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The Message - Daily News Egypt

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The Message

We are either the masters of our fate and country, or we are nothing.

Mahmoud “Sandmonkey” Salem

Three days before the election results came out, upon an invitation from a musician friend, I found myself traveling to Gouna to spend those last few days away from the circus that was Cairo at the time.

So, here I was, chilling with his friends and acquaintances, who were a collection of Kanaba party members who decided to become Shafiqistas, and who naturally derided me- and accused me of wanting Morsy to win- for choosing to invalidate my vote (the same happened with the “revolutionary” friends who supported Morsy; Invalidation is fun!)

Besides being completely horrified at the prospect of an MB president, they truly believed, through “insider information”, that Shafiq had won, and that the SCAF are about to launch a full-throttle attack on all the Muslim Brotherhood all over Cairo and end this nightmare of Islamists in power that they have been living under for a while.

Despite my assurances that there is no way in hell the army would a) let Shafiq ever be president, b) start a mini-war with 5 million people, and that it was glaringly obvious that they are in intense negotiations with the MB, they have all ignored me due to their blind assurances that Shafiq already won.

Not only did those people become political & media analysts all of a sudden, and many of them were never moved to go any single demonstration in their lives and avoided Tahrir during the initial 18 days, upon seeing the pro- Shafiq demonstration, expressed genuine desire to go there and protest for the first time in their lives.

They went to sleep, filled with optimism and hope, and then woke up the next day to the results. That night I walked in the Marina, & it was a ghost town. Every Shafiq supporter I know stayed at home, depressed, lost and confused. I envisioned that many have heavily contemplated slitting their wrists by breaking full & chilled champagne bottles.

The following week many of them tried to explain their confusion by circulating some of the most absurd conspiracy theories to explain why the results were “changed”, anywhere from the army succumbed to the threat of terrorism by the Muslim Brotherhood, to having them succumb to judges who wouldn’t have allowed the invalidation of the “fake” Morsy votes to protect their fellow corrupt judges.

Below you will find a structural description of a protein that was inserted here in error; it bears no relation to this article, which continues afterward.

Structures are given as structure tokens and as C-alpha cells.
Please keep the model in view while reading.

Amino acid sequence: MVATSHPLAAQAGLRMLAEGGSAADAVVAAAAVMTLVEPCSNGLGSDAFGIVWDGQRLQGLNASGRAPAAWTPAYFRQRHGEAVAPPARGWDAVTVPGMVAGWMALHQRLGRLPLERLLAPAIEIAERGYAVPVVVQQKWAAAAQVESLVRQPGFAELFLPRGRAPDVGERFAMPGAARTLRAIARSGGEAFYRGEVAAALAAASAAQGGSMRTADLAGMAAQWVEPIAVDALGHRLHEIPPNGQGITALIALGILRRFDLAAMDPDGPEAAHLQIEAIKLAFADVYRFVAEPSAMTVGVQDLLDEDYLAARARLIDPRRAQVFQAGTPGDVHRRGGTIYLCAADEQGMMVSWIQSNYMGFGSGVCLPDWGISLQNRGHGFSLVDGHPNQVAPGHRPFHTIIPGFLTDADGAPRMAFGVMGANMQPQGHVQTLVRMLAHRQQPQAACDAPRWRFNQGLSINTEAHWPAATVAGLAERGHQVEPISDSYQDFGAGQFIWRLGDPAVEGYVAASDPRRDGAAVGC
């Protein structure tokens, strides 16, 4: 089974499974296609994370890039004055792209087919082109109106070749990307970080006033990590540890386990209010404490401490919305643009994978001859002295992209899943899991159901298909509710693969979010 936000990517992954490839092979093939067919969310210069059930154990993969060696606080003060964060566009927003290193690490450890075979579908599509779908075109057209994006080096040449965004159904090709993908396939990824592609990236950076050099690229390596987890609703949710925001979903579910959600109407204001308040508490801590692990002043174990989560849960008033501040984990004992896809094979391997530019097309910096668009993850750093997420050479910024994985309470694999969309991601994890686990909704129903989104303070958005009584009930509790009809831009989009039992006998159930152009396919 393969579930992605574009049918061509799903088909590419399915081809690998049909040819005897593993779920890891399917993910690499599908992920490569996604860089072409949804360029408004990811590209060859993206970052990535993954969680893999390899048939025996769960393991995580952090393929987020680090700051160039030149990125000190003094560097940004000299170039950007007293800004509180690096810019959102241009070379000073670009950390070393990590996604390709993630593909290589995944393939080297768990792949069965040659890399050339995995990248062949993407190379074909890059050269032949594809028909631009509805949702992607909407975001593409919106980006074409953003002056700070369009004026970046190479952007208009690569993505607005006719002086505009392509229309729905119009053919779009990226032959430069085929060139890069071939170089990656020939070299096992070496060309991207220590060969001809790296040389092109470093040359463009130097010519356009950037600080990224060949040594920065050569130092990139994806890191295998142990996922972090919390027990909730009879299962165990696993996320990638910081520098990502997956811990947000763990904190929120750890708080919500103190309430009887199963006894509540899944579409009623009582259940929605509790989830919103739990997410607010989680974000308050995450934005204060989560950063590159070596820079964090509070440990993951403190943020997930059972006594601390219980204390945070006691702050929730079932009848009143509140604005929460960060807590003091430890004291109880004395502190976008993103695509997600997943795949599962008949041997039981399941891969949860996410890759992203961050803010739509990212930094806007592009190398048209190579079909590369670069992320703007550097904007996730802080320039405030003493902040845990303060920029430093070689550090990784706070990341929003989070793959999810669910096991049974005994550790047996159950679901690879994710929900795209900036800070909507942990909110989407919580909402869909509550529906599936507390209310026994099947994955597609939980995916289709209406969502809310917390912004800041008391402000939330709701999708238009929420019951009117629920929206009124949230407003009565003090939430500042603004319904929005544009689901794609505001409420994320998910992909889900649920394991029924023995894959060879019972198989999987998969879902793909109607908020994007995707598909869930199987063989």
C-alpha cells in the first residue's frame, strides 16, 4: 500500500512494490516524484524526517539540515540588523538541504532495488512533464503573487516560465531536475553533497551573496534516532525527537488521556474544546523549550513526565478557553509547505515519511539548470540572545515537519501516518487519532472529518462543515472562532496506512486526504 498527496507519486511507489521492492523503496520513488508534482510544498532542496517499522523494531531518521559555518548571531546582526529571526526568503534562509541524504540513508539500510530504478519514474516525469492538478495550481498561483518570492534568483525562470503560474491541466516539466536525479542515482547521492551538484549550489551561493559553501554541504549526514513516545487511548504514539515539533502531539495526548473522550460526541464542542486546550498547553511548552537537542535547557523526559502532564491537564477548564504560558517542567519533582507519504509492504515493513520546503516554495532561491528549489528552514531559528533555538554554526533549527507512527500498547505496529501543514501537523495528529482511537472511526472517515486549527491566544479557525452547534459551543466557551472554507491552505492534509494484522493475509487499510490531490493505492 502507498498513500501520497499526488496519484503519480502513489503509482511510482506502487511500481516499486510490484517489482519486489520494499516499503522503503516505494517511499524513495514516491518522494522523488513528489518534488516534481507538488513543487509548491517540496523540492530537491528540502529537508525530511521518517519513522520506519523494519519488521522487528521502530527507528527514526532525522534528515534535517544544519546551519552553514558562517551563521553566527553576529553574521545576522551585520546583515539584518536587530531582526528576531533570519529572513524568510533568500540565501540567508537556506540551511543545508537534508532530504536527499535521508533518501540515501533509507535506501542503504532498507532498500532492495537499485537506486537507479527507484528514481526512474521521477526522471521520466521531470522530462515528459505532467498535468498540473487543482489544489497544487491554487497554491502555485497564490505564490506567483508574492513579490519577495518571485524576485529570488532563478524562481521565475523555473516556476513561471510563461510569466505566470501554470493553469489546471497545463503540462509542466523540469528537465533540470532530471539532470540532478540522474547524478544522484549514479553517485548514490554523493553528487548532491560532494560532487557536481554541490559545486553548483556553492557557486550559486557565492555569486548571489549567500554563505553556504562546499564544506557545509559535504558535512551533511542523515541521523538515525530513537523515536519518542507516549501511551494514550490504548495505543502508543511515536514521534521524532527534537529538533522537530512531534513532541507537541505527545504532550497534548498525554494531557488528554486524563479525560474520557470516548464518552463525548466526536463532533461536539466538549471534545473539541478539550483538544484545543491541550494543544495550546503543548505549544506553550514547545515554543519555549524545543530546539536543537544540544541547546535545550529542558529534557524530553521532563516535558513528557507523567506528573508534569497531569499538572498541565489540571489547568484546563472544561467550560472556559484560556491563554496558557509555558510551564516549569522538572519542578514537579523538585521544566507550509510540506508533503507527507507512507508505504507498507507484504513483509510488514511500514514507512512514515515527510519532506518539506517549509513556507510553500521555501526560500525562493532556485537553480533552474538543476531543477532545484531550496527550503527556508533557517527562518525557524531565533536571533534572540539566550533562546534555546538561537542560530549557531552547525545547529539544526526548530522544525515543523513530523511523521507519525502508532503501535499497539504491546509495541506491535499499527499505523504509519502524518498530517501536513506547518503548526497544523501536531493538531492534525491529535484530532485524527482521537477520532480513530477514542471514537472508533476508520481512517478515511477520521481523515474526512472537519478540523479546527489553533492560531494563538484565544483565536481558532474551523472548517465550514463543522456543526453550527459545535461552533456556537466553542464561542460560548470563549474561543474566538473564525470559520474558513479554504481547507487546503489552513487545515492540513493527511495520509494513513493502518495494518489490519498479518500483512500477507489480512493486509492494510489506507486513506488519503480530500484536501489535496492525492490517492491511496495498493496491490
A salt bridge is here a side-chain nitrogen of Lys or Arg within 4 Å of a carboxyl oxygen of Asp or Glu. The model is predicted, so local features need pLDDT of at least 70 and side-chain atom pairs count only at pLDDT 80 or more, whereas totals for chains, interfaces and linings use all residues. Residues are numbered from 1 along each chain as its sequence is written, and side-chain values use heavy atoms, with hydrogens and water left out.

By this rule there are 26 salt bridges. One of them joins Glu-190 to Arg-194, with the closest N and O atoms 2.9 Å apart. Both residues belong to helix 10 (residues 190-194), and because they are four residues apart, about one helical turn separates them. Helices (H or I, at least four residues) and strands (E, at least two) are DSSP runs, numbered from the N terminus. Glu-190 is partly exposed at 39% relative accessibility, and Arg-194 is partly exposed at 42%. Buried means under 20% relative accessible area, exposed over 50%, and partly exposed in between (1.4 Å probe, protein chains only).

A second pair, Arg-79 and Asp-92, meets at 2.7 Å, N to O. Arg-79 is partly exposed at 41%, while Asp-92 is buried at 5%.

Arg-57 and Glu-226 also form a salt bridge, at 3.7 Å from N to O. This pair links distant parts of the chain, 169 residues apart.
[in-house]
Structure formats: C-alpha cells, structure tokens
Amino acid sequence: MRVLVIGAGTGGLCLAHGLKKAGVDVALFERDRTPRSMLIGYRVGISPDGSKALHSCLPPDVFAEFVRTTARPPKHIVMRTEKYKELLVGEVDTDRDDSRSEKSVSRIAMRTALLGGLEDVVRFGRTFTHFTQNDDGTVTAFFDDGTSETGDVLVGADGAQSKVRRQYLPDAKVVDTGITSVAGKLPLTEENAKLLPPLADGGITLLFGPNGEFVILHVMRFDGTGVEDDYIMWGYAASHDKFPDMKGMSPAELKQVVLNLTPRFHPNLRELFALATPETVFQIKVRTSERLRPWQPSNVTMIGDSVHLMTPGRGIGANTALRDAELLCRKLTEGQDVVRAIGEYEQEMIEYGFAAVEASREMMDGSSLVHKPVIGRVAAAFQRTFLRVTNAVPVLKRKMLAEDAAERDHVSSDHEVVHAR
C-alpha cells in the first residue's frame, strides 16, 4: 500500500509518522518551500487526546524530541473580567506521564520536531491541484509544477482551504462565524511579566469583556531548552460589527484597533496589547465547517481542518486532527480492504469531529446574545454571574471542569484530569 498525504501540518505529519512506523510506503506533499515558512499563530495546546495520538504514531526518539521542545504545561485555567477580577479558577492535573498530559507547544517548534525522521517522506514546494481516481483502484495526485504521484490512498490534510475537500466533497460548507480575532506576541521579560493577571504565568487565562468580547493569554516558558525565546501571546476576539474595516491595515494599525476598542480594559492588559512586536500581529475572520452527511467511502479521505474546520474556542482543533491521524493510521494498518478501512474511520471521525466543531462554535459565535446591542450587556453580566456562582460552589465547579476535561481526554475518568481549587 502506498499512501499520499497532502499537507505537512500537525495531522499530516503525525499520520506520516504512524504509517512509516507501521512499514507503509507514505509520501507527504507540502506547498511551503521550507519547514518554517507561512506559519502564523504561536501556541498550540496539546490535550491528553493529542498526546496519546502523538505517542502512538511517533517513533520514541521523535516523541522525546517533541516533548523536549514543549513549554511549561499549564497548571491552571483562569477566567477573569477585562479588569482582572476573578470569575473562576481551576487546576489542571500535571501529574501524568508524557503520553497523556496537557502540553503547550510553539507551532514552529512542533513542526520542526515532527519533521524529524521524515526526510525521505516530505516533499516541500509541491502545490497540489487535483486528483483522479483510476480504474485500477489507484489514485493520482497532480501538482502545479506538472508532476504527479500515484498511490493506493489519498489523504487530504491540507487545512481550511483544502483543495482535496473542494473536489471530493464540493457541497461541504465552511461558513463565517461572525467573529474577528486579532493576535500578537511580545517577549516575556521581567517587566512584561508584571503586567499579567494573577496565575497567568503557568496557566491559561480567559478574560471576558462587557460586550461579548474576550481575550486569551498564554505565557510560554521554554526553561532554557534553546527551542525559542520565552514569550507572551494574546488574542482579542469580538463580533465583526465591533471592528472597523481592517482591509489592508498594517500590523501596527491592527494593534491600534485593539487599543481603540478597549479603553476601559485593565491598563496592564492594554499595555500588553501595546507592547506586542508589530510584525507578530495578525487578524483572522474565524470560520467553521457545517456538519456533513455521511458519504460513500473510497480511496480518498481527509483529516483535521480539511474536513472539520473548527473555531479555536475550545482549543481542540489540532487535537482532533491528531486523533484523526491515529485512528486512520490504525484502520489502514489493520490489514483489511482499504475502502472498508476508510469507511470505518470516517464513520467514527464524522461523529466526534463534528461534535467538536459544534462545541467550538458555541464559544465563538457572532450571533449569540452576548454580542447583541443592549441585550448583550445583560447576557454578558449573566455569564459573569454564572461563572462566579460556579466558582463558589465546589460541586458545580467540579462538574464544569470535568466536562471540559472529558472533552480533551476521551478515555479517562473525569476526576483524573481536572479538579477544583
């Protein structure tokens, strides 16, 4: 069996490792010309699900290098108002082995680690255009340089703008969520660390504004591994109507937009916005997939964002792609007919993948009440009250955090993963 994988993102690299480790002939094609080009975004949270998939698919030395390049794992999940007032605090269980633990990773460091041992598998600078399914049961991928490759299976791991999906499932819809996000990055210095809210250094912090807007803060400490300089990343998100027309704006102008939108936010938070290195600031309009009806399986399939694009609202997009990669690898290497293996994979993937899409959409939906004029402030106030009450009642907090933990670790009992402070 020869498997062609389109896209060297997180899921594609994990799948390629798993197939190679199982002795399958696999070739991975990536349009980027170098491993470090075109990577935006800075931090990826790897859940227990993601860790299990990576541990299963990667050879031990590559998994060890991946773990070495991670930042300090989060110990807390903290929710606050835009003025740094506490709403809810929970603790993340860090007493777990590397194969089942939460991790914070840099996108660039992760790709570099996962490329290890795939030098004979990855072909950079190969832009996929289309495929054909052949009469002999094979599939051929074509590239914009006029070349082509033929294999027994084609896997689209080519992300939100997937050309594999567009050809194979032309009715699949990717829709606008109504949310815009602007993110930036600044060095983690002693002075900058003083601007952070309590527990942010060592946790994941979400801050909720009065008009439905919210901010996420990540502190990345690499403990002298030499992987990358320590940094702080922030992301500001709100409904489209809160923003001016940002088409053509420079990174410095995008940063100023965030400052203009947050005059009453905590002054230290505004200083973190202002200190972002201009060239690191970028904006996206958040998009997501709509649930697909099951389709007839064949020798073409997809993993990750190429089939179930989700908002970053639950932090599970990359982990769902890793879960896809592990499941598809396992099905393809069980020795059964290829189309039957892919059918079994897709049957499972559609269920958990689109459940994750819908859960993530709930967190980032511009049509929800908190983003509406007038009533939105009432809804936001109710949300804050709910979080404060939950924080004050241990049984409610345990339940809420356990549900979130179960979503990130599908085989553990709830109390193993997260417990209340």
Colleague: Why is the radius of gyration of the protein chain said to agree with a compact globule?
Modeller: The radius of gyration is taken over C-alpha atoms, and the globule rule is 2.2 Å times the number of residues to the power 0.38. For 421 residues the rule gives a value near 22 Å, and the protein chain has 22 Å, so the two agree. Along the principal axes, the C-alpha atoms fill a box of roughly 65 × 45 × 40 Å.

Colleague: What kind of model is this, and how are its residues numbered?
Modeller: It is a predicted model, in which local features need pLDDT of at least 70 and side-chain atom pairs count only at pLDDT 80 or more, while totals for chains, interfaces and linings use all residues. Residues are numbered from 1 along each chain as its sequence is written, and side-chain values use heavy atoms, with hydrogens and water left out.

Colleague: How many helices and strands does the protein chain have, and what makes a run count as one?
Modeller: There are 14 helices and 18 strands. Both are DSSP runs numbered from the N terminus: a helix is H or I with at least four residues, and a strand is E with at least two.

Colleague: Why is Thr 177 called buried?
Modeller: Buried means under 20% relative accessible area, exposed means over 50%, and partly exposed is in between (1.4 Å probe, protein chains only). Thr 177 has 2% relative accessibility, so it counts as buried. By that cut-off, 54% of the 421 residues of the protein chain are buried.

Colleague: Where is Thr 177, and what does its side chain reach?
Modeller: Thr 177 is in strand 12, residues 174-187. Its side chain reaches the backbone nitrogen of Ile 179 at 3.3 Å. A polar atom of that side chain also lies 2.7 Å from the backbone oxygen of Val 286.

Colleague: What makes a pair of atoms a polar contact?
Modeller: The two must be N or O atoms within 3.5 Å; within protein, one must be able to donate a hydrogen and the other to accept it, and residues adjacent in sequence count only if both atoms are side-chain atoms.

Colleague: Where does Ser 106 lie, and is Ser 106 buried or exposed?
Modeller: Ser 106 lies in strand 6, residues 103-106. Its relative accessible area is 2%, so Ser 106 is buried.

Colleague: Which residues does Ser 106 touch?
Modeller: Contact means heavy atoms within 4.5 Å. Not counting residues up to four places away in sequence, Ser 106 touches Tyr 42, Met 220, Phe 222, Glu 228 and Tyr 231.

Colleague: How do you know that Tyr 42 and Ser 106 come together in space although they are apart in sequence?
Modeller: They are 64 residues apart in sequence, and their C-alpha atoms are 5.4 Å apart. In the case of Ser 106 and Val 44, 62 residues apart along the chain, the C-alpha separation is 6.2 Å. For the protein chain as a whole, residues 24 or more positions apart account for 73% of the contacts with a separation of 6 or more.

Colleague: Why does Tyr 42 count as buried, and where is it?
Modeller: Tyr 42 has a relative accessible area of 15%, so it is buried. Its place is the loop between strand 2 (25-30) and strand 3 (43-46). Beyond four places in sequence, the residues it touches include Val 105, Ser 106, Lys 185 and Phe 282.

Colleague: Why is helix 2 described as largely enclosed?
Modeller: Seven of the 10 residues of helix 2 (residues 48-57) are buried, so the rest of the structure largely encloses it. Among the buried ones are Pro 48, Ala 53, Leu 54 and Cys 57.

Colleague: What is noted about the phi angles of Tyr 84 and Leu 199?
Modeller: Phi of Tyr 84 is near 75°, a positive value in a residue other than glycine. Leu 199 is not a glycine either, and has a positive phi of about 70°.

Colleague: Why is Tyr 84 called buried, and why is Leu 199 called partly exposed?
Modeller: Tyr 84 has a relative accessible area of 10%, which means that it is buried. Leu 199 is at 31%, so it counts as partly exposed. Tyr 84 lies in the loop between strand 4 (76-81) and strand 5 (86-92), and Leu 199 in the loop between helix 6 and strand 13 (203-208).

But all of this was to avoid admitting the true message of the SCAF that day: That it doesn’t matter who won or who got the most votes, in the end they are the ones who appoint the President, and they are the ones who hold all the cards. That election and campaigning and fundraising are all fun and all, but the SCAF are the ones who decide who to give the legitimacy of the ballot box to, not the voters, and that it was all up to negotiations and deals, and not the people.

That was the first part of the message, the one that many received, but the second part, for some reason, has escaped the majority of the Shafiqistas, mainly because it was simply too insulting for them to comprehend: the utter contempt that SCAF feels towards them, and how they view them as gullible and as easily manipulated as the revolutionaries, including even giving them false information and mobilising them just to use them as a negotiation tactic with the Muslim Brotherhood.

You would think it would seem obvious to the old NDP segment of the Shafiqistas, but for some reason none of them ever asked themselves, why would SCAF support them? Why would they bring them back to power, given that they are the same people that have caused this headache of a revolution for SCAF to begin with? Because the old NDP continued to support SCAF for the past year and a half and would never cross them or cause them any problems?

Please… So what? It’s not like the old NDP would stand up against the security state, given that they always wanted to stay in its favour. It wasn’t done out of love, it was loyalty based on fear and need, and one that wanted the army to engage in an internal mini-civil war and weather the ensuing global outcry so that they can keep living their lifestyle and go back to power.

Why wouldn’t SCAF despise them, use them and discard them the way they did? They know they are not going anywhere; that they know their place. And SCAF is not wrong to believe that: look at how many of them still believe that the SCAF was cornered or that they gave in, in order to save the country. It would be comical if it wasn’t so sad.

There is, however, a minority in that group that received the message in full, and for the first time in the past year and a half let go of their assured cockiness and faith in the security apparatus, and who said, for the first time in their existence, -whether muttered in secret, or out loud in private or in public- Down with Military Rule. To those I say: Welcome to the party, people. Better late than never, I suppose. I have been waiting for you, and I have a message of my own to give you.